By Jeffrey A. Roberts
CFOIC Executive Director
A Colorado House bill introduced this week is intended to encourage records requesters and government entities to resolve disputes through mediation rather than in the court system.
Litigation currently is the only legal remedy for challenging a denial of public records under the Colorado Open Records Act (CORA), and many people give up rather than file a lawsuit. Rep. Cole Wist said his proposal, HB 17-1177, offers an alternative.
“When you’re a private citizen and a public records custodian denies your request, and your only option is to sue the government, that’s an overwhelming thing,” the Centennial Republican said. “I’m trying to remove that obstacle.”
Mediation, he said, provides an opportunity to talk through a dispute with an independent third party. And it’s less costly and less formal than litigation.
Under Wist’s bill, records requesters and records custodians would evenly split the cost of hiring a mediator. To encourage mediation, the proposal adjusts provisions in the law for awarding attorney fees to a records requester who prevails in a CORA lawsuit. It also penalizes records custodians who refuse to mediate and end up losing in court.
CORA, as currently written, requires the awarding of “court costs and reasonable attorney fees to the prevailing applicant in an amount to be determined by the court,” if a denial of records is found to be improper. The bill would cap that award at $10,000 if a requester prevails in court but does not try mediation first.
If a records custodian refuses to participate in mediation, and the requester wins a CORA lawsuit, the custodian would have to pay the requester up to $100,000 plus court costs and attorney’s fees.
“I’m trying to create incentives for parties to resolve cases without suing,” Wist said. “I hope that people never have to sue to gain access to public records, period. That would be the goal – to get these kinds of disputes out of the courtroom.”
HB 17-1177 also says that if the parties mediate but can’t resolve a dispute without court action, a prevailing requester would be entitled to mediation costs, court costs and reasonable attorney fees. But if a court finds that a denial of records was proper, the records custodian could get court costs and reasonable attorney fees.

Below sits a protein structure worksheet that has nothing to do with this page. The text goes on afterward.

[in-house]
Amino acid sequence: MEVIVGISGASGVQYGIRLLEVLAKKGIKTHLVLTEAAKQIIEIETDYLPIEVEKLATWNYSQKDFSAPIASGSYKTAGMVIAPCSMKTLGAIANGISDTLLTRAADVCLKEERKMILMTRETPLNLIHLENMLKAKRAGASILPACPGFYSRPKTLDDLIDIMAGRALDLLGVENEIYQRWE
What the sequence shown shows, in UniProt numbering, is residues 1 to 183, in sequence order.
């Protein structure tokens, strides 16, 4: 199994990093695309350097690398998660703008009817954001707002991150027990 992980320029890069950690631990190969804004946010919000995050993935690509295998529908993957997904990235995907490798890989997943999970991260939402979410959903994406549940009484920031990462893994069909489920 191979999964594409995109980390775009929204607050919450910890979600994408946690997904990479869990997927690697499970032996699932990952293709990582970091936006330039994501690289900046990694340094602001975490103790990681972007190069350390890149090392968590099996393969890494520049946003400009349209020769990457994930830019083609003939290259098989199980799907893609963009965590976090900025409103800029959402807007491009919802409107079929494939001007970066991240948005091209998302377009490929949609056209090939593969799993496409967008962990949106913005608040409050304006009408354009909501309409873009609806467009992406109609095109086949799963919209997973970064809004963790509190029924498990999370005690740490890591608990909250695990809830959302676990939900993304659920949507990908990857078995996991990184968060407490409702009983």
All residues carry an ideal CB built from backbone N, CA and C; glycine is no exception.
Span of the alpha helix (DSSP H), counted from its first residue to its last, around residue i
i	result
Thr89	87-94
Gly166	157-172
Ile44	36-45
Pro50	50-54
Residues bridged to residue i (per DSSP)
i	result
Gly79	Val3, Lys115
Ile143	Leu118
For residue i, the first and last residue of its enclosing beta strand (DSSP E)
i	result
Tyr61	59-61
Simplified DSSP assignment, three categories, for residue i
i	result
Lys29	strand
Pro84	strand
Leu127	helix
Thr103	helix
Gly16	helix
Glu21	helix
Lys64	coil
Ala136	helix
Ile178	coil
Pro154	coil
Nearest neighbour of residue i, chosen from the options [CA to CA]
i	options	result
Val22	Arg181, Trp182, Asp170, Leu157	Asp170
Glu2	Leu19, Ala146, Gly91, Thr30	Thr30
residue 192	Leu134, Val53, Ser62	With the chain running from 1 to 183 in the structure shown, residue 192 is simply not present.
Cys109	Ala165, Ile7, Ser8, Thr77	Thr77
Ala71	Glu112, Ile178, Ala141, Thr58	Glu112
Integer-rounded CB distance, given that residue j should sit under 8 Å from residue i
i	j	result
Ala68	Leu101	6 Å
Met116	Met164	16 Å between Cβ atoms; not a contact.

Under current law, a records custodian can only recover court costs and attorney fees if a requester’s lawsuit is found to be “frivolous, vexatious or groundless.”
Giving both sides the opportunity to recover costs is important, Wist said, because both parties “should have some skin in the game.”
Wist, a lawyer who said he has settled many cases in mediation, served on the CORA Working Group convened by the Secretary of State’s office last year. However, the stakeholders’ group (which included the Colorado Freedom of Information Coalition) did not review Wist’s bill before it was introduced.
The CORA Working Group discussed alternative dispute resolution ideas, but focused mainly on access to public records kept in structured data formats. That bill, SB 17-040, was introduced by Sen. John Kefalas, D-Fort Collins.
Greg Romberg, lobbyist for the Colorado Press Association and the Colorado Broadcasters Association, said he is still analyzing the specific provisions of Wist’s mediation plan.
“We like the concept of mediation,” Romberg said. “We just want to make sure the bill doesn’t in any way chill peoples’ ability to request records and find out what governments are doing.”
Said Peg Perl, senior counsel for Colorado Ethics Watch, “We generally support creating alternative paths for citizens to challenge improper withholding of records under CORA short of litigation, but we are still reviewing the specifics of this bill to determine whether it helps or hurts citizens attempting to gain access to public documents in a timely manner without undue financial burden.”
Wist said he is open to suggestions for improving HB 17-1177 as it goes through the legislative process.
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